As an aside - when you nail in roof cap shingles, do you caulk over the nails? Are they left exposed? How many nails per shingle?

Quite an education for me, this is and thank all of you for your shared wisdom.

BamBamm5144 12-28-2009 11:20 AM

The only nails that are exposed are the final four for the last piece of cap. Depending on how windy of an area you live in, you could use two nails or four per cap. 95% of the time it is only two nails.

Maybe I am misunderstanding how he finished the roof. Did he fold over the top of the shingle and nail it down? From what I understand, it just doesnt seem right and I have NEVER seen it done like that. There is a reason they make shingles specifically for the ridge and hip.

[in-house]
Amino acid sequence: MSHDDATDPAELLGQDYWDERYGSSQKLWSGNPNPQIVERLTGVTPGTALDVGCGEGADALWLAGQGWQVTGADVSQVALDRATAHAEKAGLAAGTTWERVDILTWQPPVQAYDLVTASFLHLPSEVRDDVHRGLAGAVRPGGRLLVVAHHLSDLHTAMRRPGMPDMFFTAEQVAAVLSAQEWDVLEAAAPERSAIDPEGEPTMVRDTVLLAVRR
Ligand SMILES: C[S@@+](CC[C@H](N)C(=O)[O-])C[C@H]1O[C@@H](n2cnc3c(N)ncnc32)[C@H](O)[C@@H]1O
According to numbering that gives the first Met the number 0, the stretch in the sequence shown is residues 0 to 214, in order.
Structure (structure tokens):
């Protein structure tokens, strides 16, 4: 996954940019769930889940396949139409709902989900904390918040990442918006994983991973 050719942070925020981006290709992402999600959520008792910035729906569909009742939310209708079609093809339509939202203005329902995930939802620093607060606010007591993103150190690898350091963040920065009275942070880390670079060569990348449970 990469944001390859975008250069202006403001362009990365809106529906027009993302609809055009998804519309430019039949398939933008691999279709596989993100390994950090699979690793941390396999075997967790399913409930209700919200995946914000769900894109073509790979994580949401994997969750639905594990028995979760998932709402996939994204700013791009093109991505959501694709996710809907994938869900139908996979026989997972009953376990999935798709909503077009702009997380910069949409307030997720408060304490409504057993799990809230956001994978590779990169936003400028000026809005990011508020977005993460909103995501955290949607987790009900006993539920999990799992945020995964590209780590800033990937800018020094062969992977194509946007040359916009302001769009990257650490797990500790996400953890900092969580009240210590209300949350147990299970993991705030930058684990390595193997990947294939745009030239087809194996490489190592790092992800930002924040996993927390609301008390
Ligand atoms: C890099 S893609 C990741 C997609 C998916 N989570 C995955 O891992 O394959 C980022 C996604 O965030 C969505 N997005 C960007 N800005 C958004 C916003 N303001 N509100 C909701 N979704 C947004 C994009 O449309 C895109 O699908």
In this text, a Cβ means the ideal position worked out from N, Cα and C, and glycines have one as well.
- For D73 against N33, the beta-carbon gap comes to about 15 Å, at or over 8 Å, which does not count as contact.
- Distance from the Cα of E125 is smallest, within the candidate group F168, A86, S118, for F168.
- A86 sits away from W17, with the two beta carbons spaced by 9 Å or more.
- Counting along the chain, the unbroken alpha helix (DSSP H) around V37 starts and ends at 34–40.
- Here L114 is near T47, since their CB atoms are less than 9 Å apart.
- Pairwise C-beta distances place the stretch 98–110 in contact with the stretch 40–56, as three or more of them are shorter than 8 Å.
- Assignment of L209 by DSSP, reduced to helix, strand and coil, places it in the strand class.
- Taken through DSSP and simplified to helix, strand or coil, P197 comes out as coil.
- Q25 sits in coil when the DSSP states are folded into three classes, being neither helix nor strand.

If he "reluctantly" signed the agreement, arent you a little concerned about this practice then? If he was so confident in it, he would not have a problem.

I know of many roofers who have worked for reputable companies in the past but it doesnt mean they were part of the good reputation.

Is there anyway you could take a picture? I may be completly wrong.

ladylimpopo 12-28-2009 11:33 AM

roof capping
He overlapped the shingles with the neighbors shingles. My partner has absconded with the camera but I will take some pics when I get it back and attempt to attach it.

When I say he 'reluctantly' signed the agreement, it wasn't so much about his workmanship, it was more about having a thing drafted by a lawyer and also signing his personal name to it. My partner said "no-body should really sign something that holds them personally accountable for a company thing" but he went through it and was adamant about his workmanship, though it's an unorthodox manner of doing things. I had mentioned to him before that I hold no faith in chemical products as opposed to something physical or mechanical in it's place.